Speaking after the Minsk agreements, Putin suggested it was fully surrounded and Ukrainian forces should agree to abandon it, but Kiev has insisted that it is not cut off and will remain government territory.
Although rebels have been able to virtually surround Debaltseve and pound it with rockets and artillery, the road connecting the city with Ukrainian forces in Artemivsk is not fully under either side’s control. Pro-Russia forces shelled the city 15 times and attempted to storm it early on Saturday, Kiev said.
“Fighters are destroying the city of Debaltseve,” regional police head Vyacheslav Abroskin wrote on his Facebook page. “There is incessant shelling of civilian homes and buildings. The city is burning. A Grad [rocket] scored a direct hit on the police station.”
On the road to Debaltseve, a national guard squad commander with the call-sign Orest said his unit had arrived from the northern city of Kharkiv to reinforce troops pinned down in the besieged city, where the fighting “makes Stalingrad look tame,” he said.
Ukrainian Grad rocket launchers boomed in the distance. They had not been able to get through to Debaltseve due to intense shelling and machine-gun fire further down the highway, but would try again, he said.
As he spoke, a Grad rocket launcher sped back toward Artemivsk, having fired all 40 of its tubes. “If we don’t shoot, then they’ll cut off the road,” he said.
Members of the national guard medical unit in Artemivsk said they were preparing ambulances to go to Debaltseve if the ceasefire allowed them to get through. They had 30 cots laid out in a former clinic ready to take in wounded soldiers.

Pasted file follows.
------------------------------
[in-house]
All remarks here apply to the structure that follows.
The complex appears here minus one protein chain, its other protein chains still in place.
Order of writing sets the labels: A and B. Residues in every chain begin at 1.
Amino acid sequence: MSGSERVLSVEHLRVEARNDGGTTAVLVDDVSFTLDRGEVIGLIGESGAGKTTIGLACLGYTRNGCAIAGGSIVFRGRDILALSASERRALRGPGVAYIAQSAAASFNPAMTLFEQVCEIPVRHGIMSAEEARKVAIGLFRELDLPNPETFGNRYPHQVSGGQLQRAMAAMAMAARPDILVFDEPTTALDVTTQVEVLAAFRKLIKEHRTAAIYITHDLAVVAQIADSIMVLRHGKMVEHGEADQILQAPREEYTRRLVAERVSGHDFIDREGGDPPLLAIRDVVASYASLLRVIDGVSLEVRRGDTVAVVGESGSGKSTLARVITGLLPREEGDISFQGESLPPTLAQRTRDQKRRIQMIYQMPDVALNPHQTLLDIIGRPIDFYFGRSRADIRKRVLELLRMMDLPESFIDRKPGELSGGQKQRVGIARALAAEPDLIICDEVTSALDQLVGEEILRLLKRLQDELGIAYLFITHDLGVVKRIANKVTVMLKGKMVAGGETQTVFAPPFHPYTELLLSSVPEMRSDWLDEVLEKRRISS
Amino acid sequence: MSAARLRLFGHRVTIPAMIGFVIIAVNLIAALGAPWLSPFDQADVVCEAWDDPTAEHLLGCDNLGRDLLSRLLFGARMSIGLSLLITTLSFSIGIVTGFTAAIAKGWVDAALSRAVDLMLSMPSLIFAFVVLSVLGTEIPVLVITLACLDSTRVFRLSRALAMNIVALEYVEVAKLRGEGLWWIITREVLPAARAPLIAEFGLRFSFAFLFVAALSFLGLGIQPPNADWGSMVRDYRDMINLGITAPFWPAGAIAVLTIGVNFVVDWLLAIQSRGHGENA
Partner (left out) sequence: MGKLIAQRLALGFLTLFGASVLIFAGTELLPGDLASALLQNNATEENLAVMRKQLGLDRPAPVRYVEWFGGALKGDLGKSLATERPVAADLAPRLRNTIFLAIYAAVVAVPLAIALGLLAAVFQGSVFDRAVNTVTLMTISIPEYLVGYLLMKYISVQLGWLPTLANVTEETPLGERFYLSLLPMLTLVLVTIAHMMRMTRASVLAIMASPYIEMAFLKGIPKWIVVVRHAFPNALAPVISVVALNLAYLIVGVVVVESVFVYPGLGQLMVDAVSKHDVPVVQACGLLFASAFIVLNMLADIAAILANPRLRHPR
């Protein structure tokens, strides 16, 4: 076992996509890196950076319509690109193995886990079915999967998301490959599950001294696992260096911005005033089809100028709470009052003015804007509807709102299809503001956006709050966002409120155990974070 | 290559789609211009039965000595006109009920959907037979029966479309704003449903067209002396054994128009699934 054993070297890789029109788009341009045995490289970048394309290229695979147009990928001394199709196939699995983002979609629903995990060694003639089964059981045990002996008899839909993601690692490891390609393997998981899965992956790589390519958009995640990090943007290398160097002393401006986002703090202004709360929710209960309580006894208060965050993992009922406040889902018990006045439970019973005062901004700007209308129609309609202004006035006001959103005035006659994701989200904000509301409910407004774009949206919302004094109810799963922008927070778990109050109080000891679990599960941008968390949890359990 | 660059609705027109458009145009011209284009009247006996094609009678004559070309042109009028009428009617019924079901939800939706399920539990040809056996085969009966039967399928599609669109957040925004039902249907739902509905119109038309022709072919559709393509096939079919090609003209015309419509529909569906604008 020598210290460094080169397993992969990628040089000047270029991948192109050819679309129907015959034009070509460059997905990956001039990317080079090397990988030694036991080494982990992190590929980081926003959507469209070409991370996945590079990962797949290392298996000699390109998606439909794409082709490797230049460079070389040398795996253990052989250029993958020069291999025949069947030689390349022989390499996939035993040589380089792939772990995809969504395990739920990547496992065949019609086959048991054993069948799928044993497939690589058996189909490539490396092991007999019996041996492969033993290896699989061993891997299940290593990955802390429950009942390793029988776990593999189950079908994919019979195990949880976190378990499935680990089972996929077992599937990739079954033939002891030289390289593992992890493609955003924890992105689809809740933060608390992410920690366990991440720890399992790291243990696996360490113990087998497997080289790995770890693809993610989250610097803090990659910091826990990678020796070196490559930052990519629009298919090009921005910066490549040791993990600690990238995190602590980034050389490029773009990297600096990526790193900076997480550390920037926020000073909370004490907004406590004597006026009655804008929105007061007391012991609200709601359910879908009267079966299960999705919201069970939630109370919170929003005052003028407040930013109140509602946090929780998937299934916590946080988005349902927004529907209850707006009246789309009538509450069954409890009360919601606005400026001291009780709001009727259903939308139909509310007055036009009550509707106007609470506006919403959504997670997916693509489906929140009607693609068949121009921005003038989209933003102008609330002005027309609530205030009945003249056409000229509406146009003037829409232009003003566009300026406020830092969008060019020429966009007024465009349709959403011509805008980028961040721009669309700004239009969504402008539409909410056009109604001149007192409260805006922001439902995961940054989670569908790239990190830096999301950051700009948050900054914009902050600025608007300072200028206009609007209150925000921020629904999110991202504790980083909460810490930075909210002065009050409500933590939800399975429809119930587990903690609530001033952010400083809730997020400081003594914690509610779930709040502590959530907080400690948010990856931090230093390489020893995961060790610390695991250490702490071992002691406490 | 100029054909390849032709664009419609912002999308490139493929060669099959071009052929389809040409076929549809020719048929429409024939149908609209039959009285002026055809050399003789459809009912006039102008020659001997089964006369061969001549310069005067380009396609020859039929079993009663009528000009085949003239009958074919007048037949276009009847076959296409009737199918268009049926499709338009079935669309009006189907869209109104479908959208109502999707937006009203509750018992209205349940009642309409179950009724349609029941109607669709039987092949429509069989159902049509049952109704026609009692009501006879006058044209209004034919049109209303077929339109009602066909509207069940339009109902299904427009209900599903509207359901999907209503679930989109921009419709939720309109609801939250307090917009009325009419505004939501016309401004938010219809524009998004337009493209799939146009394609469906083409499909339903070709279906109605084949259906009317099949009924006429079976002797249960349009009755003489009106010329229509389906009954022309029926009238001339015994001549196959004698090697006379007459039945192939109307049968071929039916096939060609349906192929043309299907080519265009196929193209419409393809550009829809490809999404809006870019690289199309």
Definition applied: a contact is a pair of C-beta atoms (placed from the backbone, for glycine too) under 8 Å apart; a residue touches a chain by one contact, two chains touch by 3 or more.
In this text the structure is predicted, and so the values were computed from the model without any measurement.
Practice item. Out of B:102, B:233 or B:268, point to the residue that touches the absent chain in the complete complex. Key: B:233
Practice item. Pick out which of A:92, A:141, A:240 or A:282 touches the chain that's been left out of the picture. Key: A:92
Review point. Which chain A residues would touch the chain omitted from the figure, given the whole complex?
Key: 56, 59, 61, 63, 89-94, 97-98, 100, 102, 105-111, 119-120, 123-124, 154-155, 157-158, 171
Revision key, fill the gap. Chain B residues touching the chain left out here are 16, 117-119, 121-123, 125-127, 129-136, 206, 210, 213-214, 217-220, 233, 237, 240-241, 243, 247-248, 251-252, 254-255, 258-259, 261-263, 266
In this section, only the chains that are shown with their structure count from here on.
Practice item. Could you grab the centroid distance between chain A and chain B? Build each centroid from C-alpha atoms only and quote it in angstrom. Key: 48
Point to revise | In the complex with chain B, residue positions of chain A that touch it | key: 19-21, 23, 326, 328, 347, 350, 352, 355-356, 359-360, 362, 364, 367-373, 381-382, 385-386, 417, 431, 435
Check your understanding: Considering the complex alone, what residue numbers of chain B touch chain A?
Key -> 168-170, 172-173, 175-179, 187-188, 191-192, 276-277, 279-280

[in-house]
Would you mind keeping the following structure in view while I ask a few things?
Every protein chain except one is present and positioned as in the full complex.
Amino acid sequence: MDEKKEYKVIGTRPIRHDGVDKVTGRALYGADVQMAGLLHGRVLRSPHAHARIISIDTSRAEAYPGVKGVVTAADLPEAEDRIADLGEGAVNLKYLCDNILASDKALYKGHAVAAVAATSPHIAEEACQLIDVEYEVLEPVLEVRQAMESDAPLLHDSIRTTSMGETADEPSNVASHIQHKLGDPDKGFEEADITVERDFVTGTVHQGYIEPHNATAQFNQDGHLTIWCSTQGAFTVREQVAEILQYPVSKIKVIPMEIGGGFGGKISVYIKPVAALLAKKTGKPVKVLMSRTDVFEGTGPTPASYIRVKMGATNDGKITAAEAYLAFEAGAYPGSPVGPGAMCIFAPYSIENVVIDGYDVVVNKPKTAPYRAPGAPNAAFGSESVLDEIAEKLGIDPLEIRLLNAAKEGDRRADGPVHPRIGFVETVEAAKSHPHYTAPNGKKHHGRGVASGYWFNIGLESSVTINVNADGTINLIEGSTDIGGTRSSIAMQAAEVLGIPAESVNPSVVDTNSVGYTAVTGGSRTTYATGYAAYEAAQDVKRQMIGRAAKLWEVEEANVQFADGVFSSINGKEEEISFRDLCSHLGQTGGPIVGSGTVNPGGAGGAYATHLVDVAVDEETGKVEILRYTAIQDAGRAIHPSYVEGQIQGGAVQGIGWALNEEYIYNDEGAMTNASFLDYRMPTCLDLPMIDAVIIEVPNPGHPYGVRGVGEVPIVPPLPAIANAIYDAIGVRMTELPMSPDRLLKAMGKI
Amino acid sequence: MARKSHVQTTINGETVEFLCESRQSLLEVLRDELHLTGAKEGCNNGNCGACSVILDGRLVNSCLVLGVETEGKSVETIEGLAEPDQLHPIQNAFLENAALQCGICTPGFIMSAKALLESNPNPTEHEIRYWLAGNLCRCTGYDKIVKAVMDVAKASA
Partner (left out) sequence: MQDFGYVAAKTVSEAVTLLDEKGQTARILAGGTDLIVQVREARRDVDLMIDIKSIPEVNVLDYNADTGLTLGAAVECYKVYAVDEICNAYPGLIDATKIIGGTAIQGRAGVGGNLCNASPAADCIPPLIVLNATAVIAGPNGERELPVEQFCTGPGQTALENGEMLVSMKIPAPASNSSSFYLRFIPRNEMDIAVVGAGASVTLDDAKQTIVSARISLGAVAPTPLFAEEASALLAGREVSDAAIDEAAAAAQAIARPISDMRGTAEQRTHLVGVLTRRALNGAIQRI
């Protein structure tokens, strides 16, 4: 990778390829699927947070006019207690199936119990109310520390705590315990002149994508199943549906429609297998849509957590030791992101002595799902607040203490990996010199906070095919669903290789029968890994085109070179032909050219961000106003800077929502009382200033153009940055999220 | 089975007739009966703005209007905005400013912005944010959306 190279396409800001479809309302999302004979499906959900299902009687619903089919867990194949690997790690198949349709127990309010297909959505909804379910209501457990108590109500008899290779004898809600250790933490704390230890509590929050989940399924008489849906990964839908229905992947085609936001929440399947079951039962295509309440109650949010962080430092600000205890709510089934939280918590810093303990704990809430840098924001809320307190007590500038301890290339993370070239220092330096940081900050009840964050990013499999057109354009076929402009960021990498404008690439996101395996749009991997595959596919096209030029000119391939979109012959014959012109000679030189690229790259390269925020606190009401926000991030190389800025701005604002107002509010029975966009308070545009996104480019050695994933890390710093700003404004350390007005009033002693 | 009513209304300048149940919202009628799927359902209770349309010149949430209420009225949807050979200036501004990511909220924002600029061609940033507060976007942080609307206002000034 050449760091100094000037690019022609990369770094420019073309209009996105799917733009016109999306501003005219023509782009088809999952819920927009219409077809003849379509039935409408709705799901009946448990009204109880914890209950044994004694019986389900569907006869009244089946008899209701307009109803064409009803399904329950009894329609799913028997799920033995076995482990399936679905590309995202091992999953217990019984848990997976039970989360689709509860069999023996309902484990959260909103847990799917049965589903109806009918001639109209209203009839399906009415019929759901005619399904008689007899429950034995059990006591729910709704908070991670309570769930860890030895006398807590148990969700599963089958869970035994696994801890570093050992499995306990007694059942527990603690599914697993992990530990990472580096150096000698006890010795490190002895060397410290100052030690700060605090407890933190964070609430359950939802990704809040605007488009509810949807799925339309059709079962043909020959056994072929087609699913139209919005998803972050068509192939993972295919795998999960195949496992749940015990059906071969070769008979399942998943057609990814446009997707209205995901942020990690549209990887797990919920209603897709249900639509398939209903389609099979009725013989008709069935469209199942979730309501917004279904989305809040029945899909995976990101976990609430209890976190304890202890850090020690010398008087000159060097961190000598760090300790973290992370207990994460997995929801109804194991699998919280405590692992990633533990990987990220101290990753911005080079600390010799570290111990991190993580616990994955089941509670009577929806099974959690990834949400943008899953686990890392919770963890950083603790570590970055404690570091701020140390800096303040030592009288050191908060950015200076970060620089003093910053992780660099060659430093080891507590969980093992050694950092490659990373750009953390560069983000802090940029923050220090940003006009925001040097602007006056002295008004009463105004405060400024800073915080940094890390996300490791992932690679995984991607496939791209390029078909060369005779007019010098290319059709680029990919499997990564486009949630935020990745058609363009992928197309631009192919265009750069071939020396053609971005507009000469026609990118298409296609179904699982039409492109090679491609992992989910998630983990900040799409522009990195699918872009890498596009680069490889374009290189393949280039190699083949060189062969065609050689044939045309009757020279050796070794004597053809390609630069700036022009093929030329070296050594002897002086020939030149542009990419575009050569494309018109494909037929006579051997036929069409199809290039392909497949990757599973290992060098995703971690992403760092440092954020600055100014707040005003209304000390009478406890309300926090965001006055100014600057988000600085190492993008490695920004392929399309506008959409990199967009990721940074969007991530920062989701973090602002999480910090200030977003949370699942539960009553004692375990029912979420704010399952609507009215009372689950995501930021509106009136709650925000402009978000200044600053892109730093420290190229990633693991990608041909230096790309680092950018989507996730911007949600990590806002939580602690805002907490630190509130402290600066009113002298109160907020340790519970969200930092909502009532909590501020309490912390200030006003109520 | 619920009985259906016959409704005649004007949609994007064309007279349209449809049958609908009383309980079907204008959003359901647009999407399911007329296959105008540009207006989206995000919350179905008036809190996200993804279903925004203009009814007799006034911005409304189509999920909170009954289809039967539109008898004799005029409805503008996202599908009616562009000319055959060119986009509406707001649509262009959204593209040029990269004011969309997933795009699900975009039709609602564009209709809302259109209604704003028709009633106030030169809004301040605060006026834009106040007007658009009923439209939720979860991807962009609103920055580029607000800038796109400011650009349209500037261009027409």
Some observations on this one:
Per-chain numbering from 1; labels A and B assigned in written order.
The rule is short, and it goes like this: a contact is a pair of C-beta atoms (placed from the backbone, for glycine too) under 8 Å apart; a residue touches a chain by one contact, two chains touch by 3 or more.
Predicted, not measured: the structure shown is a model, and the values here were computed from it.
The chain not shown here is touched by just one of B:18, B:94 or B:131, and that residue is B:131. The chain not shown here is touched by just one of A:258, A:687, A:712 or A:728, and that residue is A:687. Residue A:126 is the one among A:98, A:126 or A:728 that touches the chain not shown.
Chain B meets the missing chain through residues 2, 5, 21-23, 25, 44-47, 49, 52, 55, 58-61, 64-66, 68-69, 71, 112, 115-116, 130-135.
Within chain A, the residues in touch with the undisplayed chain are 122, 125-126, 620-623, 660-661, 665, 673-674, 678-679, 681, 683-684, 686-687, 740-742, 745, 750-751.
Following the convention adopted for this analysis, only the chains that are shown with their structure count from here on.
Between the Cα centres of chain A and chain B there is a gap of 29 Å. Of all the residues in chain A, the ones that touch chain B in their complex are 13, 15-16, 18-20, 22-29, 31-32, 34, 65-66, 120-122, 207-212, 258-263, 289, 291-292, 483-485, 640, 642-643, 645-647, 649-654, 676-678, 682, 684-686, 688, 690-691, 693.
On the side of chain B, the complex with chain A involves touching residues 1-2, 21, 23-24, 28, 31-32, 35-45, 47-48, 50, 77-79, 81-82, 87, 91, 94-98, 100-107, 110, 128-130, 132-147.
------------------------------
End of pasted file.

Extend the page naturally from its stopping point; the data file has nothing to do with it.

Drivers were last able to take ambulances through on Thursday. The unit had lost four of 11 ambulances, and at least one medic had been killed and one captured in recent days, said Igor Ilkiv, commander of the main national guard medical squad in Artemivsk.
“We’re seeing more casualties,” said an ambulance driver with the call-sign Biker. “The mortar and rocket attacks are getting worse. It seems like the ceasefire will only be the start of more problems.”
On Saturday, a military ambulance delivered the body of a soldier killed in the village of Paschnya, which is in the no-man’s land between Luhanske and Debaltseve, to the mortuary in Artemivsk.
The medic, who declined to give his name, said it was the third dead man he had delivered in 24 hours. Many more dead and wounded were trapped in Debaltseve, he said. “The fighting has got worse, a lot worse, over the past two to three days,” he said, wiping his hands on his bloody flak jacket. “We can only get to the outskirts of Debaltseve, then they start shelling and we can’t get through.”
Meanwhile, Kiev has been waging what Poroshenko said was a counter-offensive meant to move the demarcation line near Mariupol back to where it was in September.
The Azov volunteer battalion fighting there reported that Shirokine had been almost destroyed in tank battles and artillery and rocket attacks.
Elsewhere in the east, populated areas on both sides of the frontlines have been suffering attacks in recent days. At least a dozen civilians were killed on Friday as shelling hit the government-controlled towns of Gornyak and Schastye and the rebel-controlled cities of Horlivka and Donetsk.
What appeared to be a rocket attack struck the town of Svitlodarsk near the Ukrainian lines while the Observer was there on Friday.
Anna, a shopkeeper whose store was hit by a shell on Monday, said she did not believe the ceasefire would last. She sleeps on a makeshift cot in the back room over her store. “I’m not going to do major renovations; they’ll just bomb it again,” she said before running into the back room as incoming rockets whined overhead.
Kerry also expressed concern to Lavrov about the fierce fighting around the town of Debaltseve, and efforts by Russia and the separatists to cut off the town in advance of the ceasefire, a senior US State Department official said.